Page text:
. "7 The Need for Action." Examination of the U.S. Air Force's Science, Technology, Engineering, and Mathematics (STEM) Workforce Needs in the Future and Its Strategy to Meet Those Needs. Washington, DC: The National Academies Press, 2010.
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Examination of the U.S.Air Force’s Science, Technology, Engineering, and Mathematics (STEM) Workforce Needs in the Future and its Strategy to Meet Those Needs
All these considerations point to a substantial need for STEM-related skills and expertise in the development, operations, and sustainment of current Air Force systems and in the fielding and operations of new capabilities. Within the Air Force, STEM-degreed and STEM-cognizant personnel are found in all major commands and work in all Air Force career fields or Air Force specialty codes. This workforce permeates every fiber of the Air Force today. It is therefore essential that the Air Force maintain and enhance its technical competency—a competency provided by the Air Force’s STEM-degreed and STEM-cognizant personnel.
To date, the Air Force has benefitted from having significant numbers of STEM-degreed personnel not only in the 5 officer career fields that require a STEM degree but also in the 21 other career specialties. In many instances, these personnel were attracted to the Air Force because of the technology-intensive nature of its mission. Though not specifically recruited or managed by the Air Force, STEM-degreed personnel have contributed significantly to the overall technical competence of its workforce.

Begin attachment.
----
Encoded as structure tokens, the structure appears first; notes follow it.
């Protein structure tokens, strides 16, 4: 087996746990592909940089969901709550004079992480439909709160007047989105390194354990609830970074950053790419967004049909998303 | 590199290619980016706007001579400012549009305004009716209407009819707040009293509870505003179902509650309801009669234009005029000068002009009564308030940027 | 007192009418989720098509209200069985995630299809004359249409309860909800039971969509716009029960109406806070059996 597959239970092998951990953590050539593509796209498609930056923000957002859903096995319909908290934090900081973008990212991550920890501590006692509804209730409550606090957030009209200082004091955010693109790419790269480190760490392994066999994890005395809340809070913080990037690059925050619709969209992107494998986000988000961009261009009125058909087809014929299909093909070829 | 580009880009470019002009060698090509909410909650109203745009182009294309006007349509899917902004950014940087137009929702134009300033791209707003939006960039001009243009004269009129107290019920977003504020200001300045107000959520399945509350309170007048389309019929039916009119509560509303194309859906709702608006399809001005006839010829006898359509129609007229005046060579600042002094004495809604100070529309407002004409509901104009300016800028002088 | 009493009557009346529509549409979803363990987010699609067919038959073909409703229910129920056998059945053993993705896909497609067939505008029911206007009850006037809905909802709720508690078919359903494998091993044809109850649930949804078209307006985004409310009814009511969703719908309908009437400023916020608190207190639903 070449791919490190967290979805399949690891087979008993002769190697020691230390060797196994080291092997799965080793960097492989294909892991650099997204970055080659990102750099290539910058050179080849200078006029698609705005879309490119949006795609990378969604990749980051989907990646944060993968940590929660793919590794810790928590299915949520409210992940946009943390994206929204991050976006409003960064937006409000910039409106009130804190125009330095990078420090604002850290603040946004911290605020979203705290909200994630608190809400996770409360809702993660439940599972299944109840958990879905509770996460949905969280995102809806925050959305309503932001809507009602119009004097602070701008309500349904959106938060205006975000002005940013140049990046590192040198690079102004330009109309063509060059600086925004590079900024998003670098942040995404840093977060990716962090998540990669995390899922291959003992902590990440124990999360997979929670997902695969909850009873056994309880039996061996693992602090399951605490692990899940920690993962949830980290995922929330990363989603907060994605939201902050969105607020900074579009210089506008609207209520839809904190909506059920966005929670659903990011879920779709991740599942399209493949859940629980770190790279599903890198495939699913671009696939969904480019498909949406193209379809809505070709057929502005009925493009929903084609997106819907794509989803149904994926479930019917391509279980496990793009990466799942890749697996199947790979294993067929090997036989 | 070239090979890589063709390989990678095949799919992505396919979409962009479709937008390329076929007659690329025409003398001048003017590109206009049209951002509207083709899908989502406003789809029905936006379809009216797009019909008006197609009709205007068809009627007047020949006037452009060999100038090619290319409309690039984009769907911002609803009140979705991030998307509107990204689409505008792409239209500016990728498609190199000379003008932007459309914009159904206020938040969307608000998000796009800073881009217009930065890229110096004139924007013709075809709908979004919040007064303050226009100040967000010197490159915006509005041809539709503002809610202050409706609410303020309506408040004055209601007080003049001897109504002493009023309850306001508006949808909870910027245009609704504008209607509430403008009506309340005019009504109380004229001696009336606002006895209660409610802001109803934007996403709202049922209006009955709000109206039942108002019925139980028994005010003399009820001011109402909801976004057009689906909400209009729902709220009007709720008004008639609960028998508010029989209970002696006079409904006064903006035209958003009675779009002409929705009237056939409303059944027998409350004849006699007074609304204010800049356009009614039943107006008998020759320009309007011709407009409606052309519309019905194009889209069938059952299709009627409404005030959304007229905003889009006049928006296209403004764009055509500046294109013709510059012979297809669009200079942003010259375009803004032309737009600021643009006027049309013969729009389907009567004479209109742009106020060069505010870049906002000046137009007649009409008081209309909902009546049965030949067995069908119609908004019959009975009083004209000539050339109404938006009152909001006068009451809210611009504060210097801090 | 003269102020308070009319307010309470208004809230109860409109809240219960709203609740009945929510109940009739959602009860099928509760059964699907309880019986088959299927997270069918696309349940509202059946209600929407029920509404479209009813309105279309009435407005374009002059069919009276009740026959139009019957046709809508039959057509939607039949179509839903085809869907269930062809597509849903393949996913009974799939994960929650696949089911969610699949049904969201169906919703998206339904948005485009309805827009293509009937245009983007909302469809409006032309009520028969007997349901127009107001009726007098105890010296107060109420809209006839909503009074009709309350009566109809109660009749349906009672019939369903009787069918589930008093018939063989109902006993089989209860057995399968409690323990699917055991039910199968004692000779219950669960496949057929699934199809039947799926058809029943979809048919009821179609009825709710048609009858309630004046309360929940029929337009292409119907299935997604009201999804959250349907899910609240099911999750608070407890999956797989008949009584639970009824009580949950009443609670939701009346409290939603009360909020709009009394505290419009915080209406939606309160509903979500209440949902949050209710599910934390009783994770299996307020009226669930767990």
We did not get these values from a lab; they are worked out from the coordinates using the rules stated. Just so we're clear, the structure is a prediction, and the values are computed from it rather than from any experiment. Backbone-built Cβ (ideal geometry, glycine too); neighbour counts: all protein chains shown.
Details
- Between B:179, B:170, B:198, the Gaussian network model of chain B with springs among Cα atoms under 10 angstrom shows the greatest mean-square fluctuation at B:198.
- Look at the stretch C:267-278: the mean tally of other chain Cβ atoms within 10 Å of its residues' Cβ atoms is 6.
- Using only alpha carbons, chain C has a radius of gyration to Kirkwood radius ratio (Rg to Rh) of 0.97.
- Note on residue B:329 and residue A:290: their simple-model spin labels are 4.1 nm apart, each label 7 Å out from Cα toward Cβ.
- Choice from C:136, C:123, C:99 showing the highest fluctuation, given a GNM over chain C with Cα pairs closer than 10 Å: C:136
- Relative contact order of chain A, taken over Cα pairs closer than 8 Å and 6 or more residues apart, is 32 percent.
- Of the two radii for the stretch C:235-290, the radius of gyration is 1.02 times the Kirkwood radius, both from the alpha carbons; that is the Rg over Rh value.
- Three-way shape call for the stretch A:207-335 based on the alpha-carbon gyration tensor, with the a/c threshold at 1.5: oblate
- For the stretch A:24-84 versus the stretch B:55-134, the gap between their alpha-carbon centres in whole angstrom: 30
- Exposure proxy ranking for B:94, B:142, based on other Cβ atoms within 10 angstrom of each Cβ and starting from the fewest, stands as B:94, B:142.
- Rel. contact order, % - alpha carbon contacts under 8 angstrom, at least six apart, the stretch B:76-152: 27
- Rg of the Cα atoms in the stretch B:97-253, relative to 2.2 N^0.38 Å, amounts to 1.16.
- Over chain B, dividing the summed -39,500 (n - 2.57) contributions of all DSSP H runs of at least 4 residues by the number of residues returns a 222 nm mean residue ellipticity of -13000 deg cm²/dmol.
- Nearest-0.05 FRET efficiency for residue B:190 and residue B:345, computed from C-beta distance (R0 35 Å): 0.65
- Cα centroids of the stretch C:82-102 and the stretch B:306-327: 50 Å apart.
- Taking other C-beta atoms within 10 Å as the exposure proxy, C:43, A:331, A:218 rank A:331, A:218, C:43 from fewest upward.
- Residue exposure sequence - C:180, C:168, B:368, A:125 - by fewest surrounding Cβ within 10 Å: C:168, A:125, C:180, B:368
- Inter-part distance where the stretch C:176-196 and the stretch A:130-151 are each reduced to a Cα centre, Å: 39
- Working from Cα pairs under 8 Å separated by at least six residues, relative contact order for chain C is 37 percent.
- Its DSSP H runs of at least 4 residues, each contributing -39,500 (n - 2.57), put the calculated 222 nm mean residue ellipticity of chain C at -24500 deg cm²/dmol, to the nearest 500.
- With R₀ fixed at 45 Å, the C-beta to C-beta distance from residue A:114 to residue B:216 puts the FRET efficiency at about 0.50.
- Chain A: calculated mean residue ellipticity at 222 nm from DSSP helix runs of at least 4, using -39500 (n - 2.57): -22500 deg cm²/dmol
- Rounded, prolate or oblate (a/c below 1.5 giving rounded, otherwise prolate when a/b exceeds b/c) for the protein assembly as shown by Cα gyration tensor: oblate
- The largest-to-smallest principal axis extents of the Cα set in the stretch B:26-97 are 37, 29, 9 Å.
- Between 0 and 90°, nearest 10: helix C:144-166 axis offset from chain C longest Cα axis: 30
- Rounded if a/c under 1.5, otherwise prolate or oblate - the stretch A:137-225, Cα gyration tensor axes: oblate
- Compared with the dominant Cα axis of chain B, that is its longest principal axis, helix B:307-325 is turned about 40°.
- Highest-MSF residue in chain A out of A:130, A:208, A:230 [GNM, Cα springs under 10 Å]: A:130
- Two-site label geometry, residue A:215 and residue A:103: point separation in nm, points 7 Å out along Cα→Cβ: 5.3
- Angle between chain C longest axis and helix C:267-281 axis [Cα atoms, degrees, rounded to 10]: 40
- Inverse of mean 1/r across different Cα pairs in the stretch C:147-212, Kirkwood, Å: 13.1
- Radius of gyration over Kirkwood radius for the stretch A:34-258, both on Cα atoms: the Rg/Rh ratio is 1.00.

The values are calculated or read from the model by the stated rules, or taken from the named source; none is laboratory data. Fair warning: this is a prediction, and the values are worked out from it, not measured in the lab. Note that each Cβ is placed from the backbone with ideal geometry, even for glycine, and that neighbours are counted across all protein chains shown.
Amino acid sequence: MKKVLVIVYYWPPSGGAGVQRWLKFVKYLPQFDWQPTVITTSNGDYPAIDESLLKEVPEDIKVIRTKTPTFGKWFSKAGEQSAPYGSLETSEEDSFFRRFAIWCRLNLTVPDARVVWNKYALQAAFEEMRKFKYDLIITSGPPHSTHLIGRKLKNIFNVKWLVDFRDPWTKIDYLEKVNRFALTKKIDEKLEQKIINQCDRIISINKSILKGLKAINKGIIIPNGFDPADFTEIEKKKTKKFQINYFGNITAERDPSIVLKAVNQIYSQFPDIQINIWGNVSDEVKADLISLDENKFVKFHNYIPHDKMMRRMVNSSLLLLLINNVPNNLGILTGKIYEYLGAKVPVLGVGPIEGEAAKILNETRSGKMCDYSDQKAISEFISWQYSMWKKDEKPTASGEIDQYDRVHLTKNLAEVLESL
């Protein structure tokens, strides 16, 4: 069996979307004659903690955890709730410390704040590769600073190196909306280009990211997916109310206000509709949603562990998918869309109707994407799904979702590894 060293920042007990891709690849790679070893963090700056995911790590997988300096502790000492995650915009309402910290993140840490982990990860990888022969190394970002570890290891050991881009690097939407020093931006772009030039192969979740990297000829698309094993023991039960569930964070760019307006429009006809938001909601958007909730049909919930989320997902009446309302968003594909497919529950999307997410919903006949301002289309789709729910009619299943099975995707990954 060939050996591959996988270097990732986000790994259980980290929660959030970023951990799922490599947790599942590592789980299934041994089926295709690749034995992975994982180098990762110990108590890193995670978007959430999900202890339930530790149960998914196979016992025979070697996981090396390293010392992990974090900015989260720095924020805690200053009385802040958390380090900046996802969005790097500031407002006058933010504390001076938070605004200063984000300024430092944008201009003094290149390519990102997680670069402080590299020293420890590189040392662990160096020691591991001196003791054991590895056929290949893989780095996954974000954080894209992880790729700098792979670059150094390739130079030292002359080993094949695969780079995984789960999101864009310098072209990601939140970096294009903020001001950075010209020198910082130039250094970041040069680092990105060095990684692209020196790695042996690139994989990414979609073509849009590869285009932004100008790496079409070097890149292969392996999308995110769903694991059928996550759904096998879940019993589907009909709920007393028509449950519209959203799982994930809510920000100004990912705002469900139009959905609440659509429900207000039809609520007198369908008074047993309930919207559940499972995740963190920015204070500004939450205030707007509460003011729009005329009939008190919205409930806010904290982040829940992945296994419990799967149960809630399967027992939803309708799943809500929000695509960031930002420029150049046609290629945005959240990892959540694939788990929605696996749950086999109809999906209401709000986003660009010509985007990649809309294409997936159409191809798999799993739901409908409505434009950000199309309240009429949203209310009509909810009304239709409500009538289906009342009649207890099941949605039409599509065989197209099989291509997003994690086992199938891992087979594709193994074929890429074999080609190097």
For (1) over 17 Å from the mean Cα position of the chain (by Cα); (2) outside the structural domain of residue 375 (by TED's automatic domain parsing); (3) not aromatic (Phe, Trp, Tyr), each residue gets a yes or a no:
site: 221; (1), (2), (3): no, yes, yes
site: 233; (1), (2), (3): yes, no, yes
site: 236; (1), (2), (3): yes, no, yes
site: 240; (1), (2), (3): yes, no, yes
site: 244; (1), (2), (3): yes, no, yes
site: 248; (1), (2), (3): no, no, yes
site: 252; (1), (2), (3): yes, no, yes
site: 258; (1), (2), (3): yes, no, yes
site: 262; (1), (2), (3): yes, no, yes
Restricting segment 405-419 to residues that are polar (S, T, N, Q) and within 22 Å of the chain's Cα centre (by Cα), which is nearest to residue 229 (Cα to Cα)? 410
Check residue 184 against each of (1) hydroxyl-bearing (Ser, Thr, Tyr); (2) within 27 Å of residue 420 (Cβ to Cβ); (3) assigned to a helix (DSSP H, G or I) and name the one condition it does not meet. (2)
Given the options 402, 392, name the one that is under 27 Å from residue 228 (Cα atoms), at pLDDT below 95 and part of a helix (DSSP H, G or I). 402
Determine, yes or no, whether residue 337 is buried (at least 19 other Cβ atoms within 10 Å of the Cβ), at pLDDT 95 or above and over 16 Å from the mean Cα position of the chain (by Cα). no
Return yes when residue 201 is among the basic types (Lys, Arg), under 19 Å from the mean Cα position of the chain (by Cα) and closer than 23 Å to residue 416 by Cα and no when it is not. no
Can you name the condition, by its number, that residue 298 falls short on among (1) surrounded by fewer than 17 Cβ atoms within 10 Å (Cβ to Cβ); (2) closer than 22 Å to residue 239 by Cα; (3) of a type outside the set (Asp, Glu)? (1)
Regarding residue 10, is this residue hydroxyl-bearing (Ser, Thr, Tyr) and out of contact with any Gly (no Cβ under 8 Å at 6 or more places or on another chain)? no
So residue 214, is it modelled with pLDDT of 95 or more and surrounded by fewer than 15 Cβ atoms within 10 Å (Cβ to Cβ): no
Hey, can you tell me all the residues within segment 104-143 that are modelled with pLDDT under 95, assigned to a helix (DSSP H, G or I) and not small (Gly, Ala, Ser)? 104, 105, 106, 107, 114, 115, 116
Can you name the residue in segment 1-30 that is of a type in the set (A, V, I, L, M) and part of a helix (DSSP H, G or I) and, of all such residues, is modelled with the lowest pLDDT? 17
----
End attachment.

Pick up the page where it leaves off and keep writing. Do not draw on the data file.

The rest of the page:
Going forward, uncertainties about an adequate supply of STEM-degreed personnel who are U.S. citizens, together with the growing importance of mission domains that need advanced STEM capabilities, mean that the Air Force must actively manage the recruitment and retention of these valuable resources. As recommended in Chapters 4 and 6, it must establish appropriate recruiting and training requirements, develop competitive hiring practices, and provide viable career paths for all STEM-degreed personnel. The committee has further recommended that the Air Force define a functional level of STEM cognizance short of having a STEM degree (Recommendation 2-2), and that it should seek to recruit, retain, and provide career paths for STEM-cognizant personnel as well as its STEM-degreed workforce (Recommendations 4-1, 6-1a, 6-1b, and 6-2).
As the challenges to the future security environment grow, the Air Force must prepare to address these challenges fully and rapidly. This will require a wider range of technical skills and a technically competent workforce—this requires action by the Air Force now!